In August 1956, the reality of combat and the confusion of the occupier stripped the Arabic language of its sacred character, and the French language of its negative connotations. The new language of the nation could then make itself known through multiple meaningful channels.
The radio receiver as a technique of disseminating news and the French language as a basis for a possible communication became almost simultaneously accepted by the fighting nation.
We have seen that with the creation of the Voice of Fighting Algeria, radio sets multiplied to an extraordinary degree. Before 1954, the receiving instrument, the radiophonic technique of long-distance communication of thought was not, in Algeria, a mere neutral object. Looked upon as a transmission belt of the colonialist power, as a means in the hands of the occupier by which to maintain his strangle hold on the nation, the radio was frowned upon. Before 1954, switching on the radio meant giving asylum to the occupier's words; it meant allowing the col~ nizer's language to filter into the very heart of the house, the last of the supreme bastions of the national spirit. Before 1954, a radio in an Algerian house was the mark of Europeanization in progress, of vulnerability. It was the conscious opening to the influence of the dominator, to his pressure. It was the decision to give voice to the occupier. Having a radio meant accepting being besieged from within by the colonizer. It meant demonstrating that one chose cohabitation within the colonial framework. It meant, beyond any doubt, surrendering to the occupier.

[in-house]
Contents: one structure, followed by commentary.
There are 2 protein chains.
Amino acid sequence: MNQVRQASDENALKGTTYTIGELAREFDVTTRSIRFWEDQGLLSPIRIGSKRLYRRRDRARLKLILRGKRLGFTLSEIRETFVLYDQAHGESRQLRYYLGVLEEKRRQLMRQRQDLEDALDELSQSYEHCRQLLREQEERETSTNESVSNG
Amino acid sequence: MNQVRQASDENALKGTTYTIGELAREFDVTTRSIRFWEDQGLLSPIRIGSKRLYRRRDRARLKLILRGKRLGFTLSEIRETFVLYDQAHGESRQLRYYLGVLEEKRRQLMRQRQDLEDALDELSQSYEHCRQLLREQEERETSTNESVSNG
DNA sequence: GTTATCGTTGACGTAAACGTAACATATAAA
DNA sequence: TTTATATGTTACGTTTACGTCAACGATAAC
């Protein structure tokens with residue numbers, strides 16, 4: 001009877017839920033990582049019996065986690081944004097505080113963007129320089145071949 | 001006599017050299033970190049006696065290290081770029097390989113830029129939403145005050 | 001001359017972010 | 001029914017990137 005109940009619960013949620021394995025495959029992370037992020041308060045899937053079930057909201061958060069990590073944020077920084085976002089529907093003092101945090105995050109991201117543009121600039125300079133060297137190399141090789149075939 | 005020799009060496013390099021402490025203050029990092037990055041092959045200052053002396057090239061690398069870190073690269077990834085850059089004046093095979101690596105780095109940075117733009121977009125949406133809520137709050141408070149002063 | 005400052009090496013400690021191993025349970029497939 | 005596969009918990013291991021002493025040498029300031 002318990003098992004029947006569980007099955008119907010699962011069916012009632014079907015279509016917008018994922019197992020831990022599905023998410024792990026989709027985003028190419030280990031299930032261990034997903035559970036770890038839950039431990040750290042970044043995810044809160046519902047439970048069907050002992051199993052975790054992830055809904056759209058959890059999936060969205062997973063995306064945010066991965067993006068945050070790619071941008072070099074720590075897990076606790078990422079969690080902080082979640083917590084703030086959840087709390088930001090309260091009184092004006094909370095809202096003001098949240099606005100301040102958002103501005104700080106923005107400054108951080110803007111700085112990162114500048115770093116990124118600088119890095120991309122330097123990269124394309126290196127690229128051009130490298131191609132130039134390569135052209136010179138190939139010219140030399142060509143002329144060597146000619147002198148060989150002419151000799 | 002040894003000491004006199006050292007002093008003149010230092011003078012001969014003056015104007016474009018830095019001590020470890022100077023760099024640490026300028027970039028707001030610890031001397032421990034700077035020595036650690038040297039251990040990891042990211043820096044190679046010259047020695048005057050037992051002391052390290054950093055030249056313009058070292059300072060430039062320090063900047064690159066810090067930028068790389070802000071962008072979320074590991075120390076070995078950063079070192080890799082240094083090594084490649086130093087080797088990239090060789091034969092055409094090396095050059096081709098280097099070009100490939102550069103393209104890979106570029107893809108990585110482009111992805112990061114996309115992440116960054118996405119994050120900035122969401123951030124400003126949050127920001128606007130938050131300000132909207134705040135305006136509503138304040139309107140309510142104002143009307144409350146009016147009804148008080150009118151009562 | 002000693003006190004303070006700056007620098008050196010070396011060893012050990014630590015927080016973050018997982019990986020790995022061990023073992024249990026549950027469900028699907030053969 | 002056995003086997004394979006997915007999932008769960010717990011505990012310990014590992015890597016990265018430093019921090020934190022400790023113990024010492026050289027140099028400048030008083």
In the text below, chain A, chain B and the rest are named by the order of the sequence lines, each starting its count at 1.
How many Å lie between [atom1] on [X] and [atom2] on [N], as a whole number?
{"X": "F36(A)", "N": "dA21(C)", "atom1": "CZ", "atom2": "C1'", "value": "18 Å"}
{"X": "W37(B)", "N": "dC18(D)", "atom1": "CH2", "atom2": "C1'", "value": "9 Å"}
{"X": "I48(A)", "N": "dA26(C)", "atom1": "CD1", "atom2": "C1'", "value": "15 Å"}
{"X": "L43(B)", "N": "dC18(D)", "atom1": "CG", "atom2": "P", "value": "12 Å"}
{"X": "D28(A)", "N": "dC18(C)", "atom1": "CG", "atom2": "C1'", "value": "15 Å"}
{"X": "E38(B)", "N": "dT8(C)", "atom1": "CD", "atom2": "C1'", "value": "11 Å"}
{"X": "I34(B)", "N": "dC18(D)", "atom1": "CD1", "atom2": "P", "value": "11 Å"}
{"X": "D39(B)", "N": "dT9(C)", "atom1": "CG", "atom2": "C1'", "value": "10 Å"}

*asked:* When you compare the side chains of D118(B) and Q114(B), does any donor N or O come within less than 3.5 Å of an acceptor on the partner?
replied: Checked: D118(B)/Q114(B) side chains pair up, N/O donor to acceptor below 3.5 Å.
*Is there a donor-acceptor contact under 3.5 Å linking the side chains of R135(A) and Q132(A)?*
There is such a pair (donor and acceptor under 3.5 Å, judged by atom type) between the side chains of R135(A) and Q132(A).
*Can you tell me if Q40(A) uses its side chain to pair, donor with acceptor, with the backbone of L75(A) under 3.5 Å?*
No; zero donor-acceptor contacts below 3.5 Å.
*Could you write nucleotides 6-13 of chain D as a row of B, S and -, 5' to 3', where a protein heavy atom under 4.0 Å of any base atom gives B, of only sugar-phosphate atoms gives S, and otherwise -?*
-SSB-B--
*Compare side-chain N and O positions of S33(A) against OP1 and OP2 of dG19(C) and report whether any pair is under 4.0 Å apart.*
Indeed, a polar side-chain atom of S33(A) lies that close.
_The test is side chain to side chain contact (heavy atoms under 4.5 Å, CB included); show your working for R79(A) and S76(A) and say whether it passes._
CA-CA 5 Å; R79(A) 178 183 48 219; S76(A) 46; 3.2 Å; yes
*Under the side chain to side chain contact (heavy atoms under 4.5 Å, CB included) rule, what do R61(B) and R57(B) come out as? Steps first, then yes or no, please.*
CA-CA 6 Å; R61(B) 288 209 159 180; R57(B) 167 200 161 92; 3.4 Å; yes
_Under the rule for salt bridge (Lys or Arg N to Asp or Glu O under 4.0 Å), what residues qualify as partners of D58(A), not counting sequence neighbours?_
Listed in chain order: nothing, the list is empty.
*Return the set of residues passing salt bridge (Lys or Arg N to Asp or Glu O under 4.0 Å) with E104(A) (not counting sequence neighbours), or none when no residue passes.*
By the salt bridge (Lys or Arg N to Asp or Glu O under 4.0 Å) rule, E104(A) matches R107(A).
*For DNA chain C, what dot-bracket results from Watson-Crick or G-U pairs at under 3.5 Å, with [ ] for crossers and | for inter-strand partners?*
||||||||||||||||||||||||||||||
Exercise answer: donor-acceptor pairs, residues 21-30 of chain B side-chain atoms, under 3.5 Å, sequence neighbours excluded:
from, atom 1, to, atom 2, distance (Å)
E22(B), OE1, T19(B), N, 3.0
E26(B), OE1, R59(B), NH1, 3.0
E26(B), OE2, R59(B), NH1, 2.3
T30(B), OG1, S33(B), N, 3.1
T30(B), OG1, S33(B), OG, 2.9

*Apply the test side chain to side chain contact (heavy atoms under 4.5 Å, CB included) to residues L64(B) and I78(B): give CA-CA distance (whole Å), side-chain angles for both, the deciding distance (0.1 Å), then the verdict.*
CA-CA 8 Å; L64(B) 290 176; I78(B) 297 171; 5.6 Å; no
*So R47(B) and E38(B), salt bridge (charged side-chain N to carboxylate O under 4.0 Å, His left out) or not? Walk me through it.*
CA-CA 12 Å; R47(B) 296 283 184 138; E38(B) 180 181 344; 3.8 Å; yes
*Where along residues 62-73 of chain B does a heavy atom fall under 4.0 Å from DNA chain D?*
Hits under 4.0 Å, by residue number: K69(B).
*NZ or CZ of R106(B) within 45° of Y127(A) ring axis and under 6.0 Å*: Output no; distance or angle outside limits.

We have mentioned the reasons invoked by the people to explain their reticence with respect to the radio. The desire to keep intact the traditional forms of sociability and the hierarchy of the family was then the main justification.